Long before COVID-19 forced many educators and students online, Dr. Rajesh Bhaskaran was focused on bringing simulation education to as many people as possible via virtual learning. Bhaskaran is Swanson Director of Engineering Simulation at Cornell University’s Sibley School of Mechanical and Aerospace Engineering. He has developed a methodology for using simulation in different courses, and a few of his SimCafe online courses are among those featured in the new Ansys Innovation Courses. We caught up with him to ask about how simulation is being taught to engineering students.
Q: Why is it important for students to use simulation software?
A: It's because simulation can act as a bridge between theory and applications. It is the bridge. If you want to know how your structure will behave, you build a mathematical model. But you can't solve the mathematical model by hand in most practical applications. You need simulation software to solve it. With simulation, you don't need to be sophisticated in math or physics to solve complex mathematical models. You need to understand the model and the numerical strategy used to solve it at a conceptual level. Simulation software takes care of the details and you can focus on the big picture.
Q: But those details are important to know, right?
A: Some are, and simulation software can be used to understand them. Now that we have a simulation tool, we’re not restricted to solving heat transfer in a rectangle – that’s a piece of cake. Now students can solve heat transfer in an electronic chip while also learning about the numerical strategy used by the simulation tool to solve the math model. What are the errors introduced and how can we minimize those errors?
We can also verify simulation results by doing sanity checks through back-of-the-envelope type calculations. Simulation can be used as a learning tool to perform “what-if” studies and to analyze the performance of a design or product.
Before getting into any simulation, I take students through a “pre-analysis” step. We look at things like what is the mathematical model, what are the physical principles and assumptions contained in the model, what are the expected results? Then we get into the simulation tool, set up the model and solve it numerically on a mesh. Once we have the results, we get this rich, visual information that we can interrogate. Students can see the flow over a car or how a structure is deforming. Visualization is another key aspect of simulation that is very helpful for learning.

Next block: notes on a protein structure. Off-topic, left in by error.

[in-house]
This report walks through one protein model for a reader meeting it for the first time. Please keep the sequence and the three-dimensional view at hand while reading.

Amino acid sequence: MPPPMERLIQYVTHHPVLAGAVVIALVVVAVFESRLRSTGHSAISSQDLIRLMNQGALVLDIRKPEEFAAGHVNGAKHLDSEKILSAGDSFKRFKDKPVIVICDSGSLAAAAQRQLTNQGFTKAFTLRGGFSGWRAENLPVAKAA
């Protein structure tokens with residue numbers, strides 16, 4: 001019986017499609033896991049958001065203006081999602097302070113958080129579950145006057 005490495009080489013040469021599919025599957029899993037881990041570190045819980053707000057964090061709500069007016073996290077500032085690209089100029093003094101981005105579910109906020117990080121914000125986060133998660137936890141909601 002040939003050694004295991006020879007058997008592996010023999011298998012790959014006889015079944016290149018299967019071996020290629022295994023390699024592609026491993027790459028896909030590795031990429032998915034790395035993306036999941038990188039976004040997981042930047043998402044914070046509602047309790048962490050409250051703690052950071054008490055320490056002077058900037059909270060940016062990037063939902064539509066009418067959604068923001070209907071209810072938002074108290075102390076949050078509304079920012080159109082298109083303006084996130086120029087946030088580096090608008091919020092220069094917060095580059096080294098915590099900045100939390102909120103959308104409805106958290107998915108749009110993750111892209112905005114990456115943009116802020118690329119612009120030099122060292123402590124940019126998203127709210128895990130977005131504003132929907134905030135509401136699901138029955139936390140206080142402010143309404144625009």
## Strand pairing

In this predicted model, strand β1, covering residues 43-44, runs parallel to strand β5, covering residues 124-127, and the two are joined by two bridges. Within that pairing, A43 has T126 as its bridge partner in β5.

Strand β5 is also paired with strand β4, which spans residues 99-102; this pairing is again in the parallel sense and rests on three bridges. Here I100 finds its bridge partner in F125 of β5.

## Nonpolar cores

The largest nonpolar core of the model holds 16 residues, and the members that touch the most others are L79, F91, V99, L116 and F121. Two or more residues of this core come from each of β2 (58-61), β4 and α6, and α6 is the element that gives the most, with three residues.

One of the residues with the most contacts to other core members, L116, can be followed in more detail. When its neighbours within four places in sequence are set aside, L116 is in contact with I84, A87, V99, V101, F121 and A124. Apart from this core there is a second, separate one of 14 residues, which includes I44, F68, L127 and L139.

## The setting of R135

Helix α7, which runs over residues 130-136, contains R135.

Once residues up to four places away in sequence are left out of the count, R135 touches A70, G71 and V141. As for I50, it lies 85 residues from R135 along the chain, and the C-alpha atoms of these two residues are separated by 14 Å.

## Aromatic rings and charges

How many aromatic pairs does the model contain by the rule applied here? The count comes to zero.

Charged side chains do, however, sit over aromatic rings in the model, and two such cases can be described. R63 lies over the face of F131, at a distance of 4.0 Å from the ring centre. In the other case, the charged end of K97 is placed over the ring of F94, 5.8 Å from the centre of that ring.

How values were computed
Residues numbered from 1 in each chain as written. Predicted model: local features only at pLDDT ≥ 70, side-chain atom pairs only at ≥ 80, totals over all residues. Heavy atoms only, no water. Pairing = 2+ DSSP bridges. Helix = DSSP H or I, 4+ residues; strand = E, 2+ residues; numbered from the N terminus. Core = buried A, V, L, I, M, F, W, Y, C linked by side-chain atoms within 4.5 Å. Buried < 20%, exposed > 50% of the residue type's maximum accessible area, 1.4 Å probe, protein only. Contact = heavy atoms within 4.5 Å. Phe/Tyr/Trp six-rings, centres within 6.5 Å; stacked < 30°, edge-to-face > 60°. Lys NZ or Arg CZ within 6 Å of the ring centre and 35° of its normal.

Simulation is a great learning platform. It’s a great way to learn physics and the underlying theory.
Q: How does online learning promote more widespread use of simulation?
A: For democratization of simulation to happen, education and training have a key role. Both simulation and virtual learning are disruptive technologies.
It's like a paradigm shift to combine simulation with online learning. It's scalable because it's online. The next-generation engineering curriculum is where simulation becomes a standard for teaching physics. Every engineering student coming out of a program should be able to use simulation software effectively.
Q: Can you give us an overview of your teaching methodology?
A: It’s similar to mass customization in manufacturing. The way I think about it is online learning brings a cinematic mode to teaching. To the student, it appears as if the professor is talking directly to her/him one-on-one.
Students can review the lesson at their own place. I record videos – not as a “sage on the stage” in front of people. I record the lesson as if I were in office hours, demonstrating to the student how the process works. For the student, it seems more like a “guide on the side.”
We split the simulation exercise into short videos, most of which are followed by “check your understanding” questions. To move information from short-term to long-term memory, we have to apply it. A “check your understanding” question helps students to apply the knowledge in the preceding video and get immediate feedback.
The online videos can be helpful in flipping the classroom. For instance, an online learning module would show students how to use Ansys software to solve a particular beam problem. I'm guiding them through it, but they can do it at home at their own pace. The “homework” involves solving a different problem by adapting the procedure in the online module. That can be done in the classroom, where the instructor is available to answer questions as students are applying their knowledge to a new problem.
Students, educators and engineers who would like additional training can get hands-on with virtual learning with our Ansys Innovation Courses. For example, check out Dr. Bhaskaran’s 3D Bifurcating Artery Fluids course and his Cardiovascular Stent Structures course. These medical-focused courses are an example of how virtual learning can democratize simulation by expanding its use deeper into specific industries, such as healthcare.
Check out all of the Ansys Innovation Courses for free, online learning on demand.